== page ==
: A Little Gem of the Eastern Forest
The Prairie Warbler, also known by its scientific name Setophaga discolor, is a small yet colorful bird that inhabits the eastern United States during breeding season. Here’s what you need to know about this feathered friend.
## Basic Description
Prairie Warblers are petite birds with an average length of 4.5 inches and a wingspan of about 7 inches. The males have bright yellow undersides with black streaks and olive-green backs, while females have a more muted greenish-yellow coloration overall. Both sexes have distinctive chestnut-colored patches on their heads that can resemble sideburns or a bandana.
## Where To Find This Bird
During breeding season (late April to early August), Prairie Warblers can be found in open woodlands, scrubby fields, and shrubby areas from southern Canada down to Florida and as far west as Texas. They prefer habitats with young trees or bushes that provide ample cover for nesting but still allow them to forage for insects.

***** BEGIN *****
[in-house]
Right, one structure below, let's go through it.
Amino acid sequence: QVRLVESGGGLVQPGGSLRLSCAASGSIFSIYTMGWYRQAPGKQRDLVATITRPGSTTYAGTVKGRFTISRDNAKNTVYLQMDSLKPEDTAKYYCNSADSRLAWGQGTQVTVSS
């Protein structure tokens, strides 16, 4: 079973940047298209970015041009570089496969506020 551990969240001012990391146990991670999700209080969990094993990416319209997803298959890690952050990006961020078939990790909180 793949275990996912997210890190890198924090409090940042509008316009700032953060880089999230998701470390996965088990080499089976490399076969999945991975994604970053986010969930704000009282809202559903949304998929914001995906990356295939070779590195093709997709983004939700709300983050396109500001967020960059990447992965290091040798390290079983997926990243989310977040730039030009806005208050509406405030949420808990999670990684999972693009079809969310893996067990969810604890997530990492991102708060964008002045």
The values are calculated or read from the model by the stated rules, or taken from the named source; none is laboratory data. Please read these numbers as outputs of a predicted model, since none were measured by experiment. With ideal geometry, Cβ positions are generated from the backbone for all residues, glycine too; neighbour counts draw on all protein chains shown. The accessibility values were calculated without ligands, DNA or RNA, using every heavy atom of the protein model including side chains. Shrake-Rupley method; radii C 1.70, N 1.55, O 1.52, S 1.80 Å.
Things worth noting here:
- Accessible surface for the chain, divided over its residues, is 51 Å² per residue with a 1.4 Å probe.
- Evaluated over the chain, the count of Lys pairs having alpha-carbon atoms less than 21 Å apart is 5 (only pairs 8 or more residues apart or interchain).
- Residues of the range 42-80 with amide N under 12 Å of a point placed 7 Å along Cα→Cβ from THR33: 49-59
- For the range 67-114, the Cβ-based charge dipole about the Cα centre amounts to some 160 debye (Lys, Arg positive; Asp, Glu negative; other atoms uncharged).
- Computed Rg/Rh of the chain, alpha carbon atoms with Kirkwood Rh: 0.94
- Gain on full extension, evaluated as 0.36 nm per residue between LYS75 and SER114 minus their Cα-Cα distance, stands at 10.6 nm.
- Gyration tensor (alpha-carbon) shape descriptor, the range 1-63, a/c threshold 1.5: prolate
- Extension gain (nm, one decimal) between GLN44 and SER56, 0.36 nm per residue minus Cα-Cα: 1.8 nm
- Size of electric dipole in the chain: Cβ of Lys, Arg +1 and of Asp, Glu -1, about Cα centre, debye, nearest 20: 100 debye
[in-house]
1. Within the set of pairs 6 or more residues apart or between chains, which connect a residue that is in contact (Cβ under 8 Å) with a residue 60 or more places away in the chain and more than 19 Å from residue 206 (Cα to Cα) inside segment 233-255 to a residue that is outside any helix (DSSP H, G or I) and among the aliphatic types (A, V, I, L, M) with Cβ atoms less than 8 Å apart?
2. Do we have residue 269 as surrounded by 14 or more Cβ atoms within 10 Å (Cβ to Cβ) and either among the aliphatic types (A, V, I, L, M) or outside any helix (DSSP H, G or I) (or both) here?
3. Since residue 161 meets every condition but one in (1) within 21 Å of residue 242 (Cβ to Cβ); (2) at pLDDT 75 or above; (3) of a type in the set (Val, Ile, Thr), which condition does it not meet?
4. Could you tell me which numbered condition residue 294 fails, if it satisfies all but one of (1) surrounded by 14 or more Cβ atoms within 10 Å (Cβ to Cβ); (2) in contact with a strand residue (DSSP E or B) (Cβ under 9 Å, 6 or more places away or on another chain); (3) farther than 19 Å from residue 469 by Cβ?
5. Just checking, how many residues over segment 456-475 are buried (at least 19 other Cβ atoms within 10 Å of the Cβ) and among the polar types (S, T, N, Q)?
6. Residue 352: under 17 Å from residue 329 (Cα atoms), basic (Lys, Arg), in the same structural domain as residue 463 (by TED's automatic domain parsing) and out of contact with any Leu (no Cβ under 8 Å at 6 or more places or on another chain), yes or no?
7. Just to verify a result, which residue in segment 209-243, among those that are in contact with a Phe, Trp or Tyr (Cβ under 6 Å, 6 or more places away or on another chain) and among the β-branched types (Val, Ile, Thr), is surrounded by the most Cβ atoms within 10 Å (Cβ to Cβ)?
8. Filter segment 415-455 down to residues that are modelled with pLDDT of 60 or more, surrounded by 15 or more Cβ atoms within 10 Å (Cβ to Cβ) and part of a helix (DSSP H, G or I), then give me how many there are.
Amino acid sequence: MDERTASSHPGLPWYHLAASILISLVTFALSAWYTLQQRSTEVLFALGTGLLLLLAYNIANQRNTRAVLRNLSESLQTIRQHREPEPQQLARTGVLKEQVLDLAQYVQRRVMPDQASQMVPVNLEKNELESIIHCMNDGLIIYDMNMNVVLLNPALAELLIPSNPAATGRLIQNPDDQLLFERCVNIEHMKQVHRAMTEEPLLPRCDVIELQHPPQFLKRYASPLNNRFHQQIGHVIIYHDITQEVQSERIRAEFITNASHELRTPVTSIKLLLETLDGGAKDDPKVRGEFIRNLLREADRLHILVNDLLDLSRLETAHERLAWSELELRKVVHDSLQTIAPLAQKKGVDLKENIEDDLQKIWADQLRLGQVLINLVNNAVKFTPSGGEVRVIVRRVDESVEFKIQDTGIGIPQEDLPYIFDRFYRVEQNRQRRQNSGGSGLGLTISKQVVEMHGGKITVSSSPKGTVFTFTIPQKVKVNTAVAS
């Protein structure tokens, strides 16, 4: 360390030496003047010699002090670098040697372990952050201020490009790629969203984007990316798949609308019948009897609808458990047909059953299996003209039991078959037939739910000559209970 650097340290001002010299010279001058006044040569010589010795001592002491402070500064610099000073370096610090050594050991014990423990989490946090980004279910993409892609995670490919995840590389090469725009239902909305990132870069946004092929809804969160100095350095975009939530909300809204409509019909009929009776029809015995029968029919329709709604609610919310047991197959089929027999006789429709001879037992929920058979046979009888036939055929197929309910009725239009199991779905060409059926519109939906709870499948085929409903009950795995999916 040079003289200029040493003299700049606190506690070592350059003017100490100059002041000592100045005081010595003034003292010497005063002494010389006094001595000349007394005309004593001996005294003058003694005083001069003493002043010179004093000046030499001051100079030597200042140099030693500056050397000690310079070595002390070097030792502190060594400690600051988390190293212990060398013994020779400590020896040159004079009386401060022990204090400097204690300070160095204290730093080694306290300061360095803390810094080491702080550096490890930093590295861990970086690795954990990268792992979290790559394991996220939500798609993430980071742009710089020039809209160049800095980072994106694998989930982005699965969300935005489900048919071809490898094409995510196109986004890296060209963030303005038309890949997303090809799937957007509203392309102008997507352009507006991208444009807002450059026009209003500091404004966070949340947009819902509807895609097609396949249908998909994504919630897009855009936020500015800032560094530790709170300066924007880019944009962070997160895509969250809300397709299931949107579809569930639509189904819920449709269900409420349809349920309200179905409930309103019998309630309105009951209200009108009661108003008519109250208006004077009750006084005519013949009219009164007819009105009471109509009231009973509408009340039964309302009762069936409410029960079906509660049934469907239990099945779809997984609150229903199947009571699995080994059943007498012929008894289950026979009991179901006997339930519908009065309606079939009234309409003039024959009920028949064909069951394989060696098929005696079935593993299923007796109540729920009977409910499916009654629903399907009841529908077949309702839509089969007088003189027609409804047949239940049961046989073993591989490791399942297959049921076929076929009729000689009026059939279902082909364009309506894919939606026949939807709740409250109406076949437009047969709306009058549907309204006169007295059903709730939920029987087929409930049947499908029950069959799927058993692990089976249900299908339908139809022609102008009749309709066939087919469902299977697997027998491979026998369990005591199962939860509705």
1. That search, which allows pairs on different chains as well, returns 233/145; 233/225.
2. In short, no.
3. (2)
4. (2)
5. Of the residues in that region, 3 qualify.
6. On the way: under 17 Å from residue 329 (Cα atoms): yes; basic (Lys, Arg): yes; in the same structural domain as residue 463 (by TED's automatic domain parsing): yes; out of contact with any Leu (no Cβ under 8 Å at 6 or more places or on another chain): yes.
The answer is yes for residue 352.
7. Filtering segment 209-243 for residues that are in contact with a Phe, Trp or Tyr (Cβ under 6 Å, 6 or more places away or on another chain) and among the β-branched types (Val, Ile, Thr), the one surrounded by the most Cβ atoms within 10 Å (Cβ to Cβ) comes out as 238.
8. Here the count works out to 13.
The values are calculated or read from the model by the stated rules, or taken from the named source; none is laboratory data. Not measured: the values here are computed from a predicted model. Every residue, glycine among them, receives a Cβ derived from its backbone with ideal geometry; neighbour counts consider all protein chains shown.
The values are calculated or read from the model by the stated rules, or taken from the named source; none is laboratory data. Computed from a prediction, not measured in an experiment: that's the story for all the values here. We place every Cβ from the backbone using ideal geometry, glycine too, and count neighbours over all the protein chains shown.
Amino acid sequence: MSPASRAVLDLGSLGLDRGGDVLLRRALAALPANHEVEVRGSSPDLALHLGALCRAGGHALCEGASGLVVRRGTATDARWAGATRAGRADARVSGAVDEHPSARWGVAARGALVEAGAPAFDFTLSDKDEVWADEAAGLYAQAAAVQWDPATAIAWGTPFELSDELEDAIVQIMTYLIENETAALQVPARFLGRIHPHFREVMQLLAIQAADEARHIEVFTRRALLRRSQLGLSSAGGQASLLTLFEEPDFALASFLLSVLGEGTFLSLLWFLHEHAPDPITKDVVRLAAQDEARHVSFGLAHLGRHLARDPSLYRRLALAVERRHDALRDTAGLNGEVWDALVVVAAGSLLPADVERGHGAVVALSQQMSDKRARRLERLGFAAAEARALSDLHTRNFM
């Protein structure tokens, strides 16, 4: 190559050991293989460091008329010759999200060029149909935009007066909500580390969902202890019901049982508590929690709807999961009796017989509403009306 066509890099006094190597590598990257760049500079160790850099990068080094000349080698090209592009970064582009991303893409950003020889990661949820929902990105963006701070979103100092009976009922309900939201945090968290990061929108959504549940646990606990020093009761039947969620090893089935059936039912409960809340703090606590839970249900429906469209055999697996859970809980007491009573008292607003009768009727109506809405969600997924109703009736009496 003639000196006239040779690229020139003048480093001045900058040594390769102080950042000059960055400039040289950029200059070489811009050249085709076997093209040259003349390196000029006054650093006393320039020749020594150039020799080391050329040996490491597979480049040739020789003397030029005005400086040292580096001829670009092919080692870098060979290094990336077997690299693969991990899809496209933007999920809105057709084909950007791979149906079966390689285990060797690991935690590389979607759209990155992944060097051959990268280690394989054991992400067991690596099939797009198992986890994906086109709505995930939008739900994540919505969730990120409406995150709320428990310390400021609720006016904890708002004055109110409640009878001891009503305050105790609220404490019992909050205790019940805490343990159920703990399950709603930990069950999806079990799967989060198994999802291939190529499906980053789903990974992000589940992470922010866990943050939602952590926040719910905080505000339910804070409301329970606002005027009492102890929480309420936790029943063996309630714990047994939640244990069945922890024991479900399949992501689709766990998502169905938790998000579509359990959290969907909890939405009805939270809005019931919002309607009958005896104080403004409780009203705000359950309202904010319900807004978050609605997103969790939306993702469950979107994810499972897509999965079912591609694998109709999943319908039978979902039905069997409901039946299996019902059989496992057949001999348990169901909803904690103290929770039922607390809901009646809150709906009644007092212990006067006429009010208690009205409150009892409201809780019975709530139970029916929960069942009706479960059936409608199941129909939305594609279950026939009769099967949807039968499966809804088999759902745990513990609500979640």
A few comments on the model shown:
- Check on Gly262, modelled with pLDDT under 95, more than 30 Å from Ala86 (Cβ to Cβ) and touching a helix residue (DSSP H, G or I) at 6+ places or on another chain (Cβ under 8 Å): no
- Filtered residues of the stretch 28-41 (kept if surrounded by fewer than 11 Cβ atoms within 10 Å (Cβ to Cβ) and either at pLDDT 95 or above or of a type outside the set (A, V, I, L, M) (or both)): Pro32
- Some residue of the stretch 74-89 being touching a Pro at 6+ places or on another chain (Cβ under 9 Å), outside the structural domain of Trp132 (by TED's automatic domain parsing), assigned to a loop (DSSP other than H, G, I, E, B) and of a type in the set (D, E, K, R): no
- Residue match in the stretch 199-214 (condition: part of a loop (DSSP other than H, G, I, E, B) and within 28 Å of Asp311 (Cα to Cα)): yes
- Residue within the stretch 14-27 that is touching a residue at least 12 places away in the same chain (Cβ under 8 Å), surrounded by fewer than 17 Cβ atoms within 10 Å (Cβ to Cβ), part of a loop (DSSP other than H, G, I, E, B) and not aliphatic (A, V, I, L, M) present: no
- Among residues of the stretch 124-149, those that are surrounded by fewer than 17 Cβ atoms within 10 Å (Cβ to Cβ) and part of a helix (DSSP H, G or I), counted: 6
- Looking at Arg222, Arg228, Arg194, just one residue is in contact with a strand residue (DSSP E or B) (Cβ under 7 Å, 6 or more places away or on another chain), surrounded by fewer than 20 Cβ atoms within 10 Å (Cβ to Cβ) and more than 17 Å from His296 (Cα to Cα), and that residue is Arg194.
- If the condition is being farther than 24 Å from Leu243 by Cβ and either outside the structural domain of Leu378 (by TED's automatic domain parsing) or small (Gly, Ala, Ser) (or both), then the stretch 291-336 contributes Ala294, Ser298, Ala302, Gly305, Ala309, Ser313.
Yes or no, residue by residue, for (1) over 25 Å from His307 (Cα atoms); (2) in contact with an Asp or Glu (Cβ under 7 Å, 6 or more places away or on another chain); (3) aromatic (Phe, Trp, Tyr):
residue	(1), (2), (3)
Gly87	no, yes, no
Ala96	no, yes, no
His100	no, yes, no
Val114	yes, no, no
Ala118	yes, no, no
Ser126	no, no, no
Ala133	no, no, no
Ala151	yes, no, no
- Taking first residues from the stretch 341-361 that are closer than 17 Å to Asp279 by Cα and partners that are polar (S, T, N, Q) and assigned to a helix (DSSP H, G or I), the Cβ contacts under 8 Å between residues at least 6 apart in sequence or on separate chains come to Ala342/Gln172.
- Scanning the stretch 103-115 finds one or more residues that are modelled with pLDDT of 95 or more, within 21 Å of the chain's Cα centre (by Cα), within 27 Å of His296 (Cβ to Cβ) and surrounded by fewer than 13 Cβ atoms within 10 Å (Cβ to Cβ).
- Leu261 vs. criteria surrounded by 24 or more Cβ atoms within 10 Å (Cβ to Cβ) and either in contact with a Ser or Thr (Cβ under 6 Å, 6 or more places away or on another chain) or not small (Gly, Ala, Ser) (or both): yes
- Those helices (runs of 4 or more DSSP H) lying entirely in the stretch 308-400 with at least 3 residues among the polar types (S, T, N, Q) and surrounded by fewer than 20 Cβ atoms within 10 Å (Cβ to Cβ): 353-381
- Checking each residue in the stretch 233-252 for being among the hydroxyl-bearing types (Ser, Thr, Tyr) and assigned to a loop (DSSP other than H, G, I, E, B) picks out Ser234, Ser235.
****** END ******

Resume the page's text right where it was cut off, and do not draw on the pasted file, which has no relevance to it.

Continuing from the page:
Despite their name, Prairie Warblers do not typically inhabit prairies or grasslands – they prefer more forested environments like oak savannas or pine barrens. During migration, however, these birds will venture into more open spaces like golf courses or gardens where they can find food.
Prairie Warblers are primarily insectivorous and feed on a variety of small arthropods such as caterpillars, spiders, beetles, and flies. They hunt by gleaning prey off leaves or branches using quick hops rather than sustained flights.
## Cool Facts
– Prairie Warblers have one of the largest geographic ranges among warbler species.
– Despite being called “prairie” warblers they don’t actually migrate over prairie lands.
– These birds build cup-shaped nests made of grasses and plant fibers near the ground in shrubs.
– Prairie Warblers are able to recognize their own eggs and will remove any foreign ones laid in their nests.
– The scientific name Setophaga means “moth-eating” because many warbler species were originally thought to feed exclusively on moths.
In conclusion, the Prairie Warbler may be small but it brings a pop of color and energy to eastern forests during breeding season. Keep an eye out for these little gems next time you’re out exploring nature!